Afghan war rugs and the lossy compression of cultural codingRespectable Lawyer.  This is a Twitter thread, so not so easy to quote here, but it’s a fascinating discussion of how the Soviet and American invasions are visually represented in rugs, and how cultural artifacts get passed between generations of weavers.

India’s Silicon Valley is dying of thirst.  Your city may be next.  Wired.  “Bangalore has a problem: It is running out of water, fast. Cities all over the world, from those in the American West to nearly every major Indian metropolis, have been struggling with drought and water deficits in recent years. But Banga­lore is an extreme case. Last summer, a professor from the Indian Institute of Science declared that the city will be unlivable by 2020. He later backed off his prediction of the exact time of death—but even so, says P. N. Ravindra, an official at the Bangalore Water Supply and Sewerage Board, ‘the projections are relatively correct. Our groundwater levels are approaching zero.'”

What do slaveholders think?  Aeon.  “While not every one of the slaveholders I spoke with in the course of this research was as frank as Aanan, his approach bears all the traits of contemporary slaveholding: financial distress, emotional manipulation, illegality, and paternalism. At the end of our conversation, I inquired about Aanan with one of my research partners. Yes, they had heard of him. I updated my field notes: ‘Largest contractor in [town].’”

How did Indonesia and Malaysia become majority-Muslim when they were once dominated by Hindu and Buddhist kingdoms?  r/AskHistorians.  “While Islam was spreading, Southeast Asia was experiencing other rapid changes in matters other than religion. Forests were cleared to make farms, while fishing villages turned into humongous cities within a few generations. People began to leave their villages and head out for the wider world. Animism tends to be localized and unpredictable, but Islam is true no matter where you go and says that no matter what, the pious go to Heaven and the evil fall to Hell. Islam was perhaps the most suitable religion in this brave new world.”

The couple who saved ancient China’s architectural treasures before they were lost forever.  Smithsonian Magazine.  “Liang and Lin—along with a half dozen or so other young scholars in the grandly named Institute for Research in Chinese Architecture—used the only information available, following stray leads in ancient texts, chasing up rumors and clues found in cave murals, even, in one case, an old folkloric song. It was, Liang later wrote, ‘like a blind man riding a blind horse.’ Despite the difficulties, the couple would go on to make a string of extraordinary discoveries in the 1930s, documenting almost 2,000 exquisitely carved temples, pagodas and monasteries that were on the verge of being lost forever.”

What would count as an explanation of the size of China? Marginal Revolution. “Currently there are over one billion Chinese in one political unit, and a bit of scattering.  And there are over one billion Europeans, spread in fairly significant numbers across about fifty political units.  How did such a fundamental difference come to pass?”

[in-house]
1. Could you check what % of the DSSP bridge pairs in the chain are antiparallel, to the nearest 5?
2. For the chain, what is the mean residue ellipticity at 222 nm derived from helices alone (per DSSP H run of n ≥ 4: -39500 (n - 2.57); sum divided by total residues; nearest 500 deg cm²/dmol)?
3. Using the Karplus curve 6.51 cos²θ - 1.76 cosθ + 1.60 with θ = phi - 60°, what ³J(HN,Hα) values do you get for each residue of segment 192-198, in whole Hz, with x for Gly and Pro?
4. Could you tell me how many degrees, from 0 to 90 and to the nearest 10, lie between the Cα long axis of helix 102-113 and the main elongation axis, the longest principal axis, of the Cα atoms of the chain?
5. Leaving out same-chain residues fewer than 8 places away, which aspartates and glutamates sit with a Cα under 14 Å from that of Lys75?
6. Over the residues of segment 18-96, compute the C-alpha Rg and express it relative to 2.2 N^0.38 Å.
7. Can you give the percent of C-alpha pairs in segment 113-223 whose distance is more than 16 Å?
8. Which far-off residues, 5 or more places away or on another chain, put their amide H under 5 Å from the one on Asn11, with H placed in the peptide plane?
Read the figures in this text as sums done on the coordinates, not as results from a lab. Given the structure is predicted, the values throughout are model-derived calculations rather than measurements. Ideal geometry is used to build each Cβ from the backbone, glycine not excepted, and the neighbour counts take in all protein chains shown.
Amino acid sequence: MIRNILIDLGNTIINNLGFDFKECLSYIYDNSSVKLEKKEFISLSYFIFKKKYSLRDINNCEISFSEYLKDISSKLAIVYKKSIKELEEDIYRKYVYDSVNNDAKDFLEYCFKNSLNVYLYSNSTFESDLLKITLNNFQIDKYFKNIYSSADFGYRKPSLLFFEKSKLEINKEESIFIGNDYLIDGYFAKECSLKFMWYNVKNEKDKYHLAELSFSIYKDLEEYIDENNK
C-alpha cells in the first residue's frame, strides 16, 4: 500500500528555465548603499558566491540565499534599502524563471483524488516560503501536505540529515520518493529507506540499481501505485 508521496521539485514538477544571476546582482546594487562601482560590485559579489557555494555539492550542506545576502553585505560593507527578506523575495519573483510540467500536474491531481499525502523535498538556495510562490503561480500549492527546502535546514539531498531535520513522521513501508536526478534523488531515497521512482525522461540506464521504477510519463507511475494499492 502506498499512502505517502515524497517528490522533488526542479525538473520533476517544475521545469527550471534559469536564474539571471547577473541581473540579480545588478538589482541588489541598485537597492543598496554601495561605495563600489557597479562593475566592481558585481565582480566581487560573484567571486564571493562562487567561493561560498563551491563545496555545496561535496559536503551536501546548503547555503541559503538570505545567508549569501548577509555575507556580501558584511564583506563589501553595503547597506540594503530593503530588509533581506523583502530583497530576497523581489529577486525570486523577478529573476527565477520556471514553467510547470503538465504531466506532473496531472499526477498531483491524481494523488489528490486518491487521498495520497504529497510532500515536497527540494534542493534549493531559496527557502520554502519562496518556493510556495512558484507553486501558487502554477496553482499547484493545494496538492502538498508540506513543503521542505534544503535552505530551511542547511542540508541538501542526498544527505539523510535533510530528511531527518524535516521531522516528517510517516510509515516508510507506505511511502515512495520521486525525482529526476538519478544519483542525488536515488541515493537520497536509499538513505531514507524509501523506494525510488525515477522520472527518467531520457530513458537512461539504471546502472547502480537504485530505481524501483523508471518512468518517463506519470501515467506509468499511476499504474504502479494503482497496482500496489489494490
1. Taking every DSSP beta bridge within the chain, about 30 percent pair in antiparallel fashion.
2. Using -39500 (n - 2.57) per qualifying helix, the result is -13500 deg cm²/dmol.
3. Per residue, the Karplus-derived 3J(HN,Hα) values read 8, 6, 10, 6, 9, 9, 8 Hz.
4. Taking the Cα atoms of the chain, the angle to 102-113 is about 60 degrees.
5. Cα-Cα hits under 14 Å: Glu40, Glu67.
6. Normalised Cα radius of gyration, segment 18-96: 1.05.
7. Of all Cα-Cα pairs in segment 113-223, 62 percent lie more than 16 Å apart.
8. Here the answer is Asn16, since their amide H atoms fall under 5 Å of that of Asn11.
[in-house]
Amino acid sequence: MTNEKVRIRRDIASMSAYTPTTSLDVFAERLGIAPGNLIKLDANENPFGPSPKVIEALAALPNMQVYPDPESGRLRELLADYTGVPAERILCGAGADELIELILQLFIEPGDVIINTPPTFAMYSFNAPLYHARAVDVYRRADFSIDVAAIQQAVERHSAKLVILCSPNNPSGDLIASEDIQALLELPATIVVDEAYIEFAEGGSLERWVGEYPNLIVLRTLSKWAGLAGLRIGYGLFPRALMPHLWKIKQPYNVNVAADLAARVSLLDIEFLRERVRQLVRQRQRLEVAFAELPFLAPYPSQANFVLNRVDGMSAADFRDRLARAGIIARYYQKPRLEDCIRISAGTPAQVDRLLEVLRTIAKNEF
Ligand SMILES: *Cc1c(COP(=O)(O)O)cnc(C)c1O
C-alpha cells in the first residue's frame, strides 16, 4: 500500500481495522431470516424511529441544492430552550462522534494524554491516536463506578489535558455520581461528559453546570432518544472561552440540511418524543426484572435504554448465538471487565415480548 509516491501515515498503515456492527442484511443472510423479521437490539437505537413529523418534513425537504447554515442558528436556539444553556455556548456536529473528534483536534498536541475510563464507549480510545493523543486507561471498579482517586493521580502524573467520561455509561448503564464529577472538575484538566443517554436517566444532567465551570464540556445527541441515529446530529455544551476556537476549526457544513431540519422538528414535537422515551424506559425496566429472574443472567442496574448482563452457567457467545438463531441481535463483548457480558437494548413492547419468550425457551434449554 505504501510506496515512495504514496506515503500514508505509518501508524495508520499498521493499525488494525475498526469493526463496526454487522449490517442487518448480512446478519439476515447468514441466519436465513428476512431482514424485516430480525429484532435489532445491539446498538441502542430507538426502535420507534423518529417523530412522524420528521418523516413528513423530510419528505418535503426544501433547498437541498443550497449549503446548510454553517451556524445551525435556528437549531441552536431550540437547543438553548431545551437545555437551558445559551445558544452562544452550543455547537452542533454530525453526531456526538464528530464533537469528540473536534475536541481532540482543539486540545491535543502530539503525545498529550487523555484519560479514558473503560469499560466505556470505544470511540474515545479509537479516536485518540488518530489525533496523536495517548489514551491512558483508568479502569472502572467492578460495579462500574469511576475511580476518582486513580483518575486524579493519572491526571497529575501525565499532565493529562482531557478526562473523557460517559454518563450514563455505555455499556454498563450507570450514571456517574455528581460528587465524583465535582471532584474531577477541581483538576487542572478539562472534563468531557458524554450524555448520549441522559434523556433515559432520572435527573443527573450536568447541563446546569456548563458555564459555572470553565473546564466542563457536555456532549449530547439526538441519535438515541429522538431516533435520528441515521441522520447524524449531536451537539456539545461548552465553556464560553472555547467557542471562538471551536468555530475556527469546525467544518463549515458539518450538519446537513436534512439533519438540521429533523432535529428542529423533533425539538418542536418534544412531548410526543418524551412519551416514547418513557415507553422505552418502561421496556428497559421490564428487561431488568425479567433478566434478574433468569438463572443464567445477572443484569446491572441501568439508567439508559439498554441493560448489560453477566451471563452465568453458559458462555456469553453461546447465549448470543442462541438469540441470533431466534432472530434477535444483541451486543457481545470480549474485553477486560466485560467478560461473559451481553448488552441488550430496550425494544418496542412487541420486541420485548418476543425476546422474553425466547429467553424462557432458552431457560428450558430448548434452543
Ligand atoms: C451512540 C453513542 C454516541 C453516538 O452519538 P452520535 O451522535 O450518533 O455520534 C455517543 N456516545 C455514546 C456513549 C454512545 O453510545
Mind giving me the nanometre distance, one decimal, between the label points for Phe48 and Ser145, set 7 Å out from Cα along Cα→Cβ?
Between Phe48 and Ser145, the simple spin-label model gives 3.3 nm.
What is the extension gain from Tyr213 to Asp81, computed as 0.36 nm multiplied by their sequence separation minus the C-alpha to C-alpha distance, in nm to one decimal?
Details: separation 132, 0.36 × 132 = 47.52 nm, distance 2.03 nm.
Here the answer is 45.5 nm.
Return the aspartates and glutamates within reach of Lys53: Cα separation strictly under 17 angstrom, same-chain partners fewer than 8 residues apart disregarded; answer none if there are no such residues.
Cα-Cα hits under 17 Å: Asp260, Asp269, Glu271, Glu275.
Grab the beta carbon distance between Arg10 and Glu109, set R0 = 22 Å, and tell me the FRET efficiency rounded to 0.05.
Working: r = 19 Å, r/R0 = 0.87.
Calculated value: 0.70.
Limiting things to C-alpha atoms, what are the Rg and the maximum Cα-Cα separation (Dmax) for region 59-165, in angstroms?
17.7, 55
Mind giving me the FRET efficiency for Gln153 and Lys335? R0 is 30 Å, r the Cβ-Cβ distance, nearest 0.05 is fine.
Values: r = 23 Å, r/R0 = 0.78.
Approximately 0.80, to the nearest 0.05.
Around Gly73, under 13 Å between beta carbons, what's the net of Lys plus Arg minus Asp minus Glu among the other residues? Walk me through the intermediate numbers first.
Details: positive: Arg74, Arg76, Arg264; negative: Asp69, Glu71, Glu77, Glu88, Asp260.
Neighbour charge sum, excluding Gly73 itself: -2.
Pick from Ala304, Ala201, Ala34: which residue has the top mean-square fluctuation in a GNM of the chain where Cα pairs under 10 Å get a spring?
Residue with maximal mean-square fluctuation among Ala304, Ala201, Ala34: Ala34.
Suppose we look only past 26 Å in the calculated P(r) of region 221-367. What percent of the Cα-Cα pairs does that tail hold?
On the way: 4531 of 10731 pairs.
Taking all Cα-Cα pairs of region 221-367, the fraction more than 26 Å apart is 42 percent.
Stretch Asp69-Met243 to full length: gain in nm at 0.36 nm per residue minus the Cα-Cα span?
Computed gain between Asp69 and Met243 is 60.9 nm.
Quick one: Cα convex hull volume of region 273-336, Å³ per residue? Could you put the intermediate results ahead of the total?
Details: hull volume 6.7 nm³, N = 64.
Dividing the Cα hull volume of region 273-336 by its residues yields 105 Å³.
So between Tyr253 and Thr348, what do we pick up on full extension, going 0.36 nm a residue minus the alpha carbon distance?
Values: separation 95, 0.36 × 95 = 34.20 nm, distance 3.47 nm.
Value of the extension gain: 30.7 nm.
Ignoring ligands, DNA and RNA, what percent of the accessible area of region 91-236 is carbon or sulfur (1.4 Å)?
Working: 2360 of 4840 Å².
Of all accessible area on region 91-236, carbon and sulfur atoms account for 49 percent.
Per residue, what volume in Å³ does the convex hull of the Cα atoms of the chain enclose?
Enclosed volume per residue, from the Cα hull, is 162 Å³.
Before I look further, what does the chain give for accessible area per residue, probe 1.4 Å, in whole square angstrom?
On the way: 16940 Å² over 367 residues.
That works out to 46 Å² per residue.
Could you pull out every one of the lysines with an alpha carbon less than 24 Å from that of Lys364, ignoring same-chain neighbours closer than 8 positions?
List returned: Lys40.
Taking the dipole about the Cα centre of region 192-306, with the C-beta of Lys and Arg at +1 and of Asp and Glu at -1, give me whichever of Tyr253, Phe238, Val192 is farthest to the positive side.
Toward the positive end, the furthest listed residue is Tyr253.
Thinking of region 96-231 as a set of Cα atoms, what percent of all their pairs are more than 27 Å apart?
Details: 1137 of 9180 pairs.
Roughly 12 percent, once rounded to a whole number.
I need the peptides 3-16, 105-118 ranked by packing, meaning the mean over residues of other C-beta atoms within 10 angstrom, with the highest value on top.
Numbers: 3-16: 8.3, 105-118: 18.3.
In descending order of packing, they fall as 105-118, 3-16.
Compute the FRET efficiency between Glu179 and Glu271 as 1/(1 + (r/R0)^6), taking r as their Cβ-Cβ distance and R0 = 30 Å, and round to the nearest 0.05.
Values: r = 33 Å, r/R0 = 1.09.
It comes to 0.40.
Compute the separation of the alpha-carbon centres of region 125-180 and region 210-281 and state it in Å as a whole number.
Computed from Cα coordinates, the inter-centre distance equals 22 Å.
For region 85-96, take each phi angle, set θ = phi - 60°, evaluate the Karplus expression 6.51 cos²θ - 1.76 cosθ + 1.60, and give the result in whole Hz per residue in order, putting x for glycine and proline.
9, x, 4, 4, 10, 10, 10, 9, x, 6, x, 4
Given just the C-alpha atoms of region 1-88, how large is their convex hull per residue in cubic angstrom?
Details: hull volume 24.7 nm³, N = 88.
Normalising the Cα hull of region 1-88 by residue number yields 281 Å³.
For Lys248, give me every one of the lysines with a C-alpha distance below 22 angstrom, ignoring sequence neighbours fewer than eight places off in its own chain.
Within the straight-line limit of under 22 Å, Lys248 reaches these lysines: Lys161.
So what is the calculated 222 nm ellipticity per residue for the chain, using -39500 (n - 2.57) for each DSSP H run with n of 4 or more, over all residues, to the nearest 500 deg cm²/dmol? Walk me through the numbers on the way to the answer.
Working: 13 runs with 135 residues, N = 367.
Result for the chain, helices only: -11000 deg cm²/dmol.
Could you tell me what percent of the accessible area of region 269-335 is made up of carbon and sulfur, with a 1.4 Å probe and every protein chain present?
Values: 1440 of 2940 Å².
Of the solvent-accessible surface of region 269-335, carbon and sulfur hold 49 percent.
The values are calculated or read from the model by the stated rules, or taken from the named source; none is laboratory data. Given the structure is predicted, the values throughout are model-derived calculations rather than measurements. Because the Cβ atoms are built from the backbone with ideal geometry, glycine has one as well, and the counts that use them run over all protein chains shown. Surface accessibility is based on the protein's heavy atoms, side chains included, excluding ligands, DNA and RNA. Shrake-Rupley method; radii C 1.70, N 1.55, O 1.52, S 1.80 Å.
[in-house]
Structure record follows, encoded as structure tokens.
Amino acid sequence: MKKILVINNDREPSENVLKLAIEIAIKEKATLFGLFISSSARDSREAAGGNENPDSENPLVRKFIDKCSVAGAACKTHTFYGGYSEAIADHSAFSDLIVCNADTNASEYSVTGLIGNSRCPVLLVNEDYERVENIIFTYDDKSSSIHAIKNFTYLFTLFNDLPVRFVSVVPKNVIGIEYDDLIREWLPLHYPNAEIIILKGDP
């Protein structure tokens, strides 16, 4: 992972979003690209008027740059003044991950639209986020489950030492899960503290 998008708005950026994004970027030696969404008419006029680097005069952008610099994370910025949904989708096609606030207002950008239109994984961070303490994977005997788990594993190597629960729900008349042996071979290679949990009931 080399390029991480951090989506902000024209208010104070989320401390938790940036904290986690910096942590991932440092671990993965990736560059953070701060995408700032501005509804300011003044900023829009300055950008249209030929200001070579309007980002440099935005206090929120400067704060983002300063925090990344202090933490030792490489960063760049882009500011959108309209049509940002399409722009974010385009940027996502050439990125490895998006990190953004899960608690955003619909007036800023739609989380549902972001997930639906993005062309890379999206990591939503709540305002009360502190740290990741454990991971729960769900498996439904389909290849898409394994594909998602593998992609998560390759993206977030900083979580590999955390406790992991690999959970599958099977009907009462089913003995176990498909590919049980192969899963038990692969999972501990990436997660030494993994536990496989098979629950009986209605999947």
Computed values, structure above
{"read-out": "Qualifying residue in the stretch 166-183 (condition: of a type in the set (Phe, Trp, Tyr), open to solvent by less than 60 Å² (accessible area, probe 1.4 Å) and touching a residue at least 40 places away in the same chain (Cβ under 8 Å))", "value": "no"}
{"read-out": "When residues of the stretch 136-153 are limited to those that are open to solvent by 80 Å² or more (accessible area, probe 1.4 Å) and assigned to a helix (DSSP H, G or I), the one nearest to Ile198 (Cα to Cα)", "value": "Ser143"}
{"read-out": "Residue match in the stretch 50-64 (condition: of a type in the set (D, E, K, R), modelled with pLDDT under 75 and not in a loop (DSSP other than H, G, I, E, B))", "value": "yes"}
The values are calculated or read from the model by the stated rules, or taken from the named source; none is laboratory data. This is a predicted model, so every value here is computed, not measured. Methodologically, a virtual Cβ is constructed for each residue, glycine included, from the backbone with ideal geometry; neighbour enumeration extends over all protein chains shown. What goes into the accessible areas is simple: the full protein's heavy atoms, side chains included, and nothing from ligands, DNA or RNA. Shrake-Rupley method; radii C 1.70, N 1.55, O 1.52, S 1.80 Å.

Rice and banchan — a love affair.  Ask a Korean.  “If you ever visited a Korean restaurant, even just once, you have seen banchan. Before you receive what you ordered—sometimes, before you order anything at all—an array of dishes come in small plates. One of them, without fail, is kimchi. Others can be meat, fish or vegetables. They can be raw, cooked, tossed, pickled, braised, fermented. Those are banchan: literally, ‘companion to rice.’  Eating food with carbohydrates is hardly unique to Koreans. Nor is eating food with rice, as other rice-growing cultures also center their cuisine around rice. But none of those cultures created a cuisine quite like Korea’s, which obsesses over building a constellation of small dishes to orbit around the rice. To be sure, not all Korean dishes come with numerous banchan. Dishes like gukbap (국밥, or rice-in-soup,) noodles, or bibimbap usually come with the maximum of three or so side dishes. But traditionally, Koreans have considered those banchan-less dishes to be the “lower” food that you would eat when you are out-and-about. Bibimbap, for example, originated as a dish for peasants on the field, who would mix in all the banchan into a large bowl with rice and sauce to eat quickly during their mid-day break. Gukbap and noodles were usually served at guest houses for travelers who needed to eat quickly and continue their journey.”

The Japanese origins of fine dining.  Eater.  “There’s little precedent in Europe for the lightly cooked, lightly sauced, yet intricately plated dishes, what the late writer and critic Josh Ozersky called ‘tweezer food,’ before it appeared suddenly and decisively in France in the 1960s. A great deal of nouvelle cuisine’s innovations, in fact, paralleled classical aspects of Japanese dining, especially the movement’s emphasis on shorter cooking times; minimalist, playful plating; and a focus on extracting the essential aspects of an ingredient, rather than transforming it. Perhaps not coincidentally, from the time that French chefs began visiting Japan (and Japanese chefs began training in France) in the mid-1960s, fine dining has become increasingly like Japan’s most formal dining tradition, kaiseki.”

Why would aliens ever bother with Earth?  Literary Hub.  “For these reasons, it strikes me that if there is intelligent alien life out there in our galaxy, they almost certainly wouldn’t pay us a visit in person in huge city-sized motherships, but by sending their sentient robots as emissaries.”